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Backbone patterns

Backbone patterns
Building apps with Backbone.js Here, I try to document the good practices that our team has learned along the way building Backbone applications. This document assumes that you already have some knowledge of Backbone.js, jQuery, and of course, JavaScript itself. Table of contents Thanks

Testing Backbone applications with Jasmine and Sinon – Part 3. Routers and Views – Tinned Fruit Overview This is the third and final part in a series of articles demonstrating how to test a Backbone.js application, employing the Jasmine BDD test framework and the Sinon.JS spying, stubbing and mocking library If you haven’t yet read the first or second parts, take a look now. In this final part, we’ll be looking at some methods for unit testing Backbone routers and views. These object types both present their own unique challenges for testing, but and provide the tools we need to isolate them and fake external code and system dependencies. We will be examining the following: different approaches to testing Backbone routes methods for testing view rendering using DOM fixtures in your specs using the plugin testing view event handlers using fake timers to manipulate timed events Routers router objects are responsible for URL hash routing within your application, and can also be used for initialisation tasks if that’s how you choose to structure your code. Example 1: Testing routes Simple.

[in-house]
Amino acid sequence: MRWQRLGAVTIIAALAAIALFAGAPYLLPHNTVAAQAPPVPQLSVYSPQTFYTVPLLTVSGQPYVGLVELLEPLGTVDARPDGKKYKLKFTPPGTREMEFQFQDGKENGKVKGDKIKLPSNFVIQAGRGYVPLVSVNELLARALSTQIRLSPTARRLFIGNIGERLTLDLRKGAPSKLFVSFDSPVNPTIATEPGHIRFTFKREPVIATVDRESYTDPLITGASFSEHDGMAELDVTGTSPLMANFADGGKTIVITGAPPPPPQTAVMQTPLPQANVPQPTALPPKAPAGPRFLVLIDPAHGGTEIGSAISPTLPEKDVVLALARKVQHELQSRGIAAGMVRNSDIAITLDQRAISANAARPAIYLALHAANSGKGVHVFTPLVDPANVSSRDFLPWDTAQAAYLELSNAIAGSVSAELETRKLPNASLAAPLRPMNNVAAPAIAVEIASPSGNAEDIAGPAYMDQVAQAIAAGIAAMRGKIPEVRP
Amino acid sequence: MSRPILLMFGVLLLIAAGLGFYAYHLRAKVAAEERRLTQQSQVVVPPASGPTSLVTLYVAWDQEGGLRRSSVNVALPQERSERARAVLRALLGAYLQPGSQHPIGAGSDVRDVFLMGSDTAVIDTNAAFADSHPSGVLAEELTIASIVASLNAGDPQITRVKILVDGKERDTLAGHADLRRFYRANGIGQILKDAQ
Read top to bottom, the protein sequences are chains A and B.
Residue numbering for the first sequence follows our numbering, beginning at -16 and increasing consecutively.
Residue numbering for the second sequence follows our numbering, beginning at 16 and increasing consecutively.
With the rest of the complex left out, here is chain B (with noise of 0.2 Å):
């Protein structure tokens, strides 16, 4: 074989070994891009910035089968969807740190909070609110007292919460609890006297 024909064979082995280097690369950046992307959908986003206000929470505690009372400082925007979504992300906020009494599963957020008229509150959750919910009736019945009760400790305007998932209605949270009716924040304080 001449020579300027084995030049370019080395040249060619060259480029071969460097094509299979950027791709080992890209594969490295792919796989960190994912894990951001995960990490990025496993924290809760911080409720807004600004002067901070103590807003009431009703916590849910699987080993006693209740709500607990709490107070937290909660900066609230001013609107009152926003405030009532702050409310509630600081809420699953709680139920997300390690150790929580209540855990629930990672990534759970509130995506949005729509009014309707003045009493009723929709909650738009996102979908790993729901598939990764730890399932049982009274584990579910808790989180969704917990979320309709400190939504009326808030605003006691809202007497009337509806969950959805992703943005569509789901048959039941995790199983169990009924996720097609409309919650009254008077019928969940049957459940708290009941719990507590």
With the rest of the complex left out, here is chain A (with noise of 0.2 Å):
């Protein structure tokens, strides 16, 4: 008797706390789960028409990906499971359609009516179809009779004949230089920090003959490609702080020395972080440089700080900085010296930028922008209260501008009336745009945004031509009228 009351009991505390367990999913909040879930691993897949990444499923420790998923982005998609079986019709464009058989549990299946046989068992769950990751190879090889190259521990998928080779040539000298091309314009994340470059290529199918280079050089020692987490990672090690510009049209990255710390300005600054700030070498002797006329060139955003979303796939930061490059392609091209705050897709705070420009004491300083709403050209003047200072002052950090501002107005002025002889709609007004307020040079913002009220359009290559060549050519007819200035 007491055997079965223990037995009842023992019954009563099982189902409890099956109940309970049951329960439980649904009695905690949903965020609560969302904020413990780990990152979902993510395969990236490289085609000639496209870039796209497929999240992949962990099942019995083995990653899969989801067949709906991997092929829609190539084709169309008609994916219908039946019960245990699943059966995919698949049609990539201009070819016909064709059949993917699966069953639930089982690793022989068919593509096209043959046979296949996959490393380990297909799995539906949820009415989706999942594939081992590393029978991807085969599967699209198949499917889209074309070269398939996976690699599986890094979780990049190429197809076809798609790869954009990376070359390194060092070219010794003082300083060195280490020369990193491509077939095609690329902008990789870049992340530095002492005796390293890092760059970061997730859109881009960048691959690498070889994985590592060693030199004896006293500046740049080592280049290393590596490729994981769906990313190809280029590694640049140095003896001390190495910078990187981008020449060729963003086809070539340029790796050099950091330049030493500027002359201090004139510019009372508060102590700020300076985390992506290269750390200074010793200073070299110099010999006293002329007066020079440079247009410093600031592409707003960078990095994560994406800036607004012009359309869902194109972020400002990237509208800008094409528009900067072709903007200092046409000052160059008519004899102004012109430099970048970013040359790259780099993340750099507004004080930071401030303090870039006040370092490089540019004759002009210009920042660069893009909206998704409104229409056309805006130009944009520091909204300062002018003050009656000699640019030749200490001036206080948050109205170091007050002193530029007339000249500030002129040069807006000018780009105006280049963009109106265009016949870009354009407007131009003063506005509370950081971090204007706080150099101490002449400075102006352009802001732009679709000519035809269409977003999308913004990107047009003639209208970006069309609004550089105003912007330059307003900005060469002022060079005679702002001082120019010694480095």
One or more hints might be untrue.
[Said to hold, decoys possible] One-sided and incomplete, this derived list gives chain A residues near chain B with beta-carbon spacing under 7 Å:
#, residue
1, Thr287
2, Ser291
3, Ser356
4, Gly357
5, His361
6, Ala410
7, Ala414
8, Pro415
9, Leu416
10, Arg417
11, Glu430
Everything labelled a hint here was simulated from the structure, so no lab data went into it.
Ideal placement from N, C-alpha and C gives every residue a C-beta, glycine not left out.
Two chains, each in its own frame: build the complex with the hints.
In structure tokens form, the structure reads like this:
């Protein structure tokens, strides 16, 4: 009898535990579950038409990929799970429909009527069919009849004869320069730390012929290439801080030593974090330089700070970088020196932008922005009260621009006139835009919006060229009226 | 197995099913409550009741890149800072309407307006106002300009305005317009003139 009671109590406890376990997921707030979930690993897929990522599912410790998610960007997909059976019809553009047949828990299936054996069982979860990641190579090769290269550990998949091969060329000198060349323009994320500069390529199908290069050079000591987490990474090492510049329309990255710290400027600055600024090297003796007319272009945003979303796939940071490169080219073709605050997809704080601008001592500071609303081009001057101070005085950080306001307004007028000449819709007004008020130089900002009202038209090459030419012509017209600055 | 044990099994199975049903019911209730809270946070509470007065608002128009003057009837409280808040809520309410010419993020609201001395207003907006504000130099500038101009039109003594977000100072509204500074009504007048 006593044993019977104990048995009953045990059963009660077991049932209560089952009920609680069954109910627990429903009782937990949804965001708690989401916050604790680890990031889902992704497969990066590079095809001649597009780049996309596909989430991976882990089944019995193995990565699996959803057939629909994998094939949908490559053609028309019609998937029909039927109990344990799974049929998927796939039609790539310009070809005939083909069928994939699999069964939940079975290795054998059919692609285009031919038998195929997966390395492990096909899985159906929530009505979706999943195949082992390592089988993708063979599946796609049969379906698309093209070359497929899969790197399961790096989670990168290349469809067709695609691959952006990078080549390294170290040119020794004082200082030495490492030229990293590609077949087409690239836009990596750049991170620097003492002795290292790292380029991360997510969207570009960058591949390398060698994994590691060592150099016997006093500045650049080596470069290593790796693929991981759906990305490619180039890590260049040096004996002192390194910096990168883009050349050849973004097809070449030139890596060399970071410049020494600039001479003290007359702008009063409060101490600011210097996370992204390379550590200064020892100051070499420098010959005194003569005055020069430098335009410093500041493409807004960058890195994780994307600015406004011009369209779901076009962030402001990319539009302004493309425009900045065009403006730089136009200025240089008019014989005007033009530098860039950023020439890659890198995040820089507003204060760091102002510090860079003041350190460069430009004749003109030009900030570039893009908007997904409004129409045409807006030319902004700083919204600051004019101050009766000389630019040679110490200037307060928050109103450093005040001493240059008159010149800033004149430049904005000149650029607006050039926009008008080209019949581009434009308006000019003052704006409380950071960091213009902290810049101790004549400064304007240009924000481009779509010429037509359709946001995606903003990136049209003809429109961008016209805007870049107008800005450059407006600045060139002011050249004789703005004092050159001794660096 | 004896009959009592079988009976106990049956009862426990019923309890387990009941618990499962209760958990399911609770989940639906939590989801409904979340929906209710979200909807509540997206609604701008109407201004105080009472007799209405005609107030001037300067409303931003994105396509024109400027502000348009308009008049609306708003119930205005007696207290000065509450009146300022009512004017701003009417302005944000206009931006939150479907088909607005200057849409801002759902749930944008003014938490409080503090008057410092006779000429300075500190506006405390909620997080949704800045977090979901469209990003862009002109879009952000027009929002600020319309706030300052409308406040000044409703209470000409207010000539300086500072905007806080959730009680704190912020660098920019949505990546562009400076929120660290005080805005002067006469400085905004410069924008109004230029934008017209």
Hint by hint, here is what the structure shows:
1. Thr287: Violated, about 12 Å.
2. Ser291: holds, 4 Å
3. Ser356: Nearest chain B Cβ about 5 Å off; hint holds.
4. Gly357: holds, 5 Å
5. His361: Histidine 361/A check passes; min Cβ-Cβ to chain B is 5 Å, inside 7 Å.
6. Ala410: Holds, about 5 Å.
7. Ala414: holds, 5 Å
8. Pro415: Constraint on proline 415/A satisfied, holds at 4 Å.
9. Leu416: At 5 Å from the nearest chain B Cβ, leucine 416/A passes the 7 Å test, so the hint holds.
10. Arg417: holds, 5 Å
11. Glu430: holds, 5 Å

Backbone.js Sample App with Backbone.js and Twitter Bootstrap Backbone.js is a lightweight JavaScript framework that provides the basic infrastructure (Model, Collection, View, and Router classes) to bring structure to your Web applications. Twitter Bootstrap is a UI toolkit that provides simple and flexible HTML, CSS, and Javascript to implement popular user interface components and interactions. In other words, Backbone.js and Twitter Bootstrap focus on different areas of your application: core architecture and user interface respectively. Because of their well-defined and non-overlapping scope, Backbone.js and Twitter Bootstrap work well together. The Sample Application To give this combination a try, I put together a new sample application that uses Backbone.js to organize the code, and Twitter Bootstrap to organize the UI. You can run the application here. Backbone Directory is a single page application: index.html is essentially empty. Twitter Bootstrap highlights Backbone.js highlights One-to-Many association. Source Code

Require.JS Usage§ 1 Load JavaScript Files§ 1.1 RequireJS takes a different approach to script loading than traditional <script> tags. While it can also run fast and optimize well, the primary goal is to encourage modular code. As part of that, it encourages using module IDs instead of URLs for script tags. RequireJS loads all code relative to a baseUrl. Or, baseUrl can be set manually via the RequireJS config. RequireJS also assumes by default that all dependencies are scripts, so it does not expect to see a trailing ".js" suffix on module IDs. There may be times when you do want to reference a script directly and not conform to the "baseUrl + paths" rules for finding it. Ends in ".js".Starts with a "/".Contains an URL protocol, like "http:" or "https:". In general though, it is best to use the baseUrl and "paths" config to set paths for module IDs. www/ index.html js/ app/ sub.js lib/ jquery.js canvas.js app.js in index.html: and in app.js: data-main Entry Point§ 1.2 Define a Module§ 1.3